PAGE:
Benjamin Goss on Portraits in urban environment

The streets, the rudeness of life, the mystical look of  a stranger. Black and white granulous portraits of people in their urban environment. Benjamin Goss goes around portraiyng those who we never really see. It’s dark, it’s poetic, it’s real life, real people with no artificials. It’s street portrait photography at it’s best. One that don’t need a lot of explanation. One that catch your eyes and mind.


Can you shortly introduce yourself?

I am a 31 year old photographer and film maker living in Karlstad Sweden.

When and how did you started photography?

I have always been fascinated with images and how the communicate.  When I was in my early twenties I began working as a camera-man in New York.  At this time I also purchased my first still camera.  It became natural to me with having a profession that involves moving images. I currently work with both mediums today.

How would you describe your work and how to you choose the subject you work on?

I would describe my documentary work, as uninhibited, revealing, and a bit dramatic.  People in urban environments are my focus.  More importantly life in general.  Why we are who we are, and all the exciting differences between us.

Can you tell us more about your project ‘Intuition’?

“Intuition” is an life long project that embodies decisive moment images with urban environmental portraits.  All of the images represented should convey a feeling of spontaneity.

What are you trying to capture through photography?

I guess my ultimate goal is to come closer to my self through the images that I have collected.  They reflected back to me when laid together as a whole.

To the viewer of your work what feeling or impression would you like leave?

I want my images to be open for interpretation by the viewer.  I don’t want to dictate and be resolute.  If the viewer is engaged, and there is some sort of personal connection, then the image succeeds.

How do you approach your subject and how do you get people to be at ease in front of the camera?

My approach is always direct, but never intimidating or aggressive.  I am good at relating to many different types of people.  For the most part they accept me, because I show them I am taking them seriously.  I “see” them.  People like to be seen.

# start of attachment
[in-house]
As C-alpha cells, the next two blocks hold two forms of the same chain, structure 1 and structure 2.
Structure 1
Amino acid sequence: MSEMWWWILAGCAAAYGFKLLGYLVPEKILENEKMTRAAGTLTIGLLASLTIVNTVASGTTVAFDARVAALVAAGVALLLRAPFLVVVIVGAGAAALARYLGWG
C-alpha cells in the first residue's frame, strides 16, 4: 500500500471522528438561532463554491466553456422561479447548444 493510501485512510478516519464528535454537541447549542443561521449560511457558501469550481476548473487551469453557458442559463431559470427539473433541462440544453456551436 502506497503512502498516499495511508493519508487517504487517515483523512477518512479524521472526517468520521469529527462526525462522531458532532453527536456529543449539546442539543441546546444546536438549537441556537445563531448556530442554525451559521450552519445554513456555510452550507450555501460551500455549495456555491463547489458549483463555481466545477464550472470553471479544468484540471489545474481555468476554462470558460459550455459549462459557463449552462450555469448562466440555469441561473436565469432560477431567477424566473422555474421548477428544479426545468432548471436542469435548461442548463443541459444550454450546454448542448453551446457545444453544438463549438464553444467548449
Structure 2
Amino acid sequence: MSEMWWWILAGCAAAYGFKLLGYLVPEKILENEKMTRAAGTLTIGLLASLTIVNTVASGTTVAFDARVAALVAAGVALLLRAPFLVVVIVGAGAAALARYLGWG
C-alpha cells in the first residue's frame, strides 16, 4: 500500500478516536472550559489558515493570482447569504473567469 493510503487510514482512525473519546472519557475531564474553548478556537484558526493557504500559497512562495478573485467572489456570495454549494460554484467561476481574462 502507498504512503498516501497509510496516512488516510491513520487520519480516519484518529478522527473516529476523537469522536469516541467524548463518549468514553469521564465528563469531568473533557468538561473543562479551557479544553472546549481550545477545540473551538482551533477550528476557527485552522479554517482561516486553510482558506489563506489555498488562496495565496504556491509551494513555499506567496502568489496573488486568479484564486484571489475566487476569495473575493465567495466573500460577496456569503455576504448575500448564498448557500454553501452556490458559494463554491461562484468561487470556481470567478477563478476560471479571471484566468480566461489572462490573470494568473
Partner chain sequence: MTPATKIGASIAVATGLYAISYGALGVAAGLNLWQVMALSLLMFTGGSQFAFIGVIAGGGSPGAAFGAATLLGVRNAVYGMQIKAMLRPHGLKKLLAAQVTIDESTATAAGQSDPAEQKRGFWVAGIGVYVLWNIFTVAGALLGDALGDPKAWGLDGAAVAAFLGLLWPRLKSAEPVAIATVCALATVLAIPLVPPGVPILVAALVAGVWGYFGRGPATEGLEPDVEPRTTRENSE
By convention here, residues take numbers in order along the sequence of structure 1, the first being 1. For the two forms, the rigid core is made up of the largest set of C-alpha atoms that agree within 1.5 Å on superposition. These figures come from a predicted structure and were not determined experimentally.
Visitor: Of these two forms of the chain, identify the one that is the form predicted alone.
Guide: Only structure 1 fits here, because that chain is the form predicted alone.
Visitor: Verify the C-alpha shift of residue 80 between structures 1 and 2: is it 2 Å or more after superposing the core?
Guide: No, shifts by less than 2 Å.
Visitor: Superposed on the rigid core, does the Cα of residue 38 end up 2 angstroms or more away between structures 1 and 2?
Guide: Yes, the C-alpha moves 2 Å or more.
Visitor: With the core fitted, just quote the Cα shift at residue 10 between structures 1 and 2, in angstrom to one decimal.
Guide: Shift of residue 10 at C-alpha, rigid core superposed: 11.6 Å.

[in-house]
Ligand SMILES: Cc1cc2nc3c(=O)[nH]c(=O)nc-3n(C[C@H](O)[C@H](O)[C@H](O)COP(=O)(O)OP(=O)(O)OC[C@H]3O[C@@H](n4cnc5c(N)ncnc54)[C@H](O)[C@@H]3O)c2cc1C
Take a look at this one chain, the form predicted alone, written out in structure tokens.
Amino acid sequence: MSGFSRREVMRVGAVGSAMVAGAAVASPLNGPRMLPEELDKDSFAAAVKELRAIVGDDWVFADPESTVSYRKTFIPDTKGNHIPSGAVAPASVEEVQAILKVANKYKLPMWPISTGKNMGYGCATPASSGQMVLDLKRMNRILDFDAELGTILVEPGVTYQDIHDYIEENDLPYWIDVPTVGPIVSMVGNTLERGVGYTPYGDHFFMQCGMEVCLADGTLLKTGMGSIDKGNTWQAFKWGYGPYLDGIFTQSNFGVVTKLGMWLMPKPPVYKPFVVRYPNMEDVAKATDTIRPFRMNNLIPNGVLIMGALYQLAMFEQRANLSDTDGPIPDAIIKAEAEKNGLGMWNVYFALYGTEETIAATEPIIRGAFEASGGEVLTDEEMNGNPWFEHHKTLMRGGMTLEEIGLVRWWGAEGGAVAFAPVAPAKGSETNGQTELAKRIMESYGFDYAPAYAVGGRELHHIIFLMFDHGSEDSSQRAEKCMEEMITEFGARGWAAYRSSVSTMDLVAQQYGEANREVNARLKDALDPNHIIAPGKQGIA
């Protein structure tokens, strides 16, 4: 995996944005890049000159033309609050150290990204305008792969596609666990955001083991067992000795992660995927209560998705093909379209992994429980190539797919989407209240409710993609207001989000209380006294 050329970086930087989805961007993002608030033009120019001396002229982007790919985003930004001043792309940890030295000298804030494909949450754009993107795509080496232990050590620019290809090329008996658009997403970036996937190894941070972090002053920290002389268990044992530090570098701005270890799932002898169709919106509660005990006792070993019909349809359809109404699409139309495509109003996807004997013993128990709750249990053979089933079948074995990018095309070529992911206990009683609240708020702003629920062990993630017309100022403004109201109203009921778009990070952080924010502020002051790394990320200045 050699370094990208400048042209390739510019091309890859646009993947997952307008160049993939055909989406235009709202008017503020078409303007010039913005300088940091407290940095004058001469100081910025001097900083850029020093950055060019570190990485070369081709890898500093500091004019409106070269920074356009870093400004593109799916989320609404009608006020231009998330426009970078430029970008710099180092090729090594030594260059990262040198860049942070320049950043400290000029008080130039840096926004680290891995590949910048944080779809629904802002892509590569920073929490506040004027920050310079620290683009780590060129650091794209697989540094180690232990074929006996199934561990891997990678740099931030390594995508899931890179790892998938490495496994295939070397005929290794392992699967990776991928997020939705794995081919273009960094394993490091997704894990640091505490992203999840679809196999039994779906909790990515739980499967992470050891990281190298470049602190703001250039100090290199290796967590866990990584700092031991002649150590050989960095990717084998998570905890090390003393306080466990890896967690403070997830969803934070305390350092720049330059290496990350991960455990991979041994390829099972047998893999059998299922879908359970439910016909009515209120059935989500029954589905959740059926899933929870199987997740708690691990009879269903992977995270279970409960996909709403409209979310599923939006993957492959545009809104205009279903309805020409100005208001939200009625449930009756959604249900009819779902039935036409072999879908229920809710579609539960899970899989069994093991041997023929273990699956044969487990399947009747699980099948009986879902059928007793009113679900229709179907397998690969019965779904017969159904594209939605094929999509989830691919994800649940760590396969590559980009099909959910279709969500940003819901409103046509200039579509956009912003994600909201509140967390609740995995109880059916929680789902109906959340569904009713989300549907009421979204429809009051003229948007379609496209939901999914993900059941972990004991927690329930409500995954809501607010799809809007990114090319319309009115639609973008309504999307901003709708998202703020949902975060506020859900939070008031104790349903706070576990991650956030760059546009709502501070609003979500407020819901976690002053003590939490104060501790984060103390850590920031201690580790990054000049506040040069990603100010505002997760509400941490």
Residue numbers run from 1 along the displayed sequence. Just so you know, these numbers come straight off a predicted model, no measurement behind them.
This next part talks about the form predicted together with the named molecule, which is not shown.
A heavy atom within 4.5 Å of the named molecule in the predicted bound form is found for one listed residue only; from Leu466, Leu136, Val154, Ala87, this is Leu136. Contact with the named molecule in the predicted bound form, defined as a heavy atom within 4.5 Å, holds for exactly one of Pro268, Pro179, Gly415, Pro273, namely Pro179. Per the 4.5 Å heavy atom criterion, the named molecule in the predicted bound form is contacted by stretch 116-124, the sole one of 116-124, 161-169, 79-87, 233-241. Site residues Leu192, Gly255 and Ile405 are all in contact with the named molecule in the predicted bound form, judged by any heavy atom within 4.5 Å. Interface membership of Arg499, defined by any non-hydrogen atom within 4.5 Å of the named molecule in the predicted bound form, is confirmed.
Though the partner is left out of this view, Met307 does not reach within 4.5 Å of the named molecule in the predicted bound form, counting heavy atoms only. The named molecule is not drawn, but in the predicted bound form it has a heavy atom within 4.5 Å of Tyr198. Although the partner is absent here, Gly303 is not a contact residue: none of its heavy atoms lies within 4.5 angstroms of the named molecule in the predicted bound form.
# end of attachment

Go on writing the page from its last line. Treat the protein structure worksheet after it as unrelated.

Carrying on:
What material do you use?

As of right now I am using a Hasselblad and a fill flash.  My B&W films of choice are Kodak PX 125, and Tri-x 320.  I develop all of my film rolls, and print my own work.  It is then scanned of course to viewed online.  As far as lenses are concerned, I prefer “prime”, or fixed lens. I use a 80mm, or a 45mm in small format.  A wide angle shows to much, and a telephoto is for spying.  I like to be close to my subjects.

Right now are you working on a specific subject? If yes can you tell us more about?

I am mainly working with environmental portraits of strangers in urban environments.

What are your main inspirations?

The people I meet when photographing inspire me.

What do you look for in other photographers work?

I look for a personal connection between the photographer and their own work.  Everyone sees the world with different eyes based on our environments and experiences.  I want to see and feel that person through their work.

If you could invite 3 photographers or artist at a dinner who would it be and why?

Diane Arbus, Nobuyoshi Araki, Peter Beard.  Diane, to ask her why she chose the subjects she did.  Araki to get inspired about life by just being around him, Im sure he has lots of energy and stories to tell.  And last Beard, because I heard hes fun to be around at party’s.  All three of them have a joie de vivre that I am drawn to.

Any young photographers or Flickr member which work you really like and that you would like us to discover?’

_isa.mar, Isa Marcelli.  …alias, Alisa Resnik.  gary isaacs’ photos.  All three are amazing and poetic storytellers, each with their own world for you to wander in.

Thank you Benjamin

Interview by Frankie

One Response to “Benjamin Goss on Portraits in urban environment”

  1. Ran in front locomotive, which arrived late.

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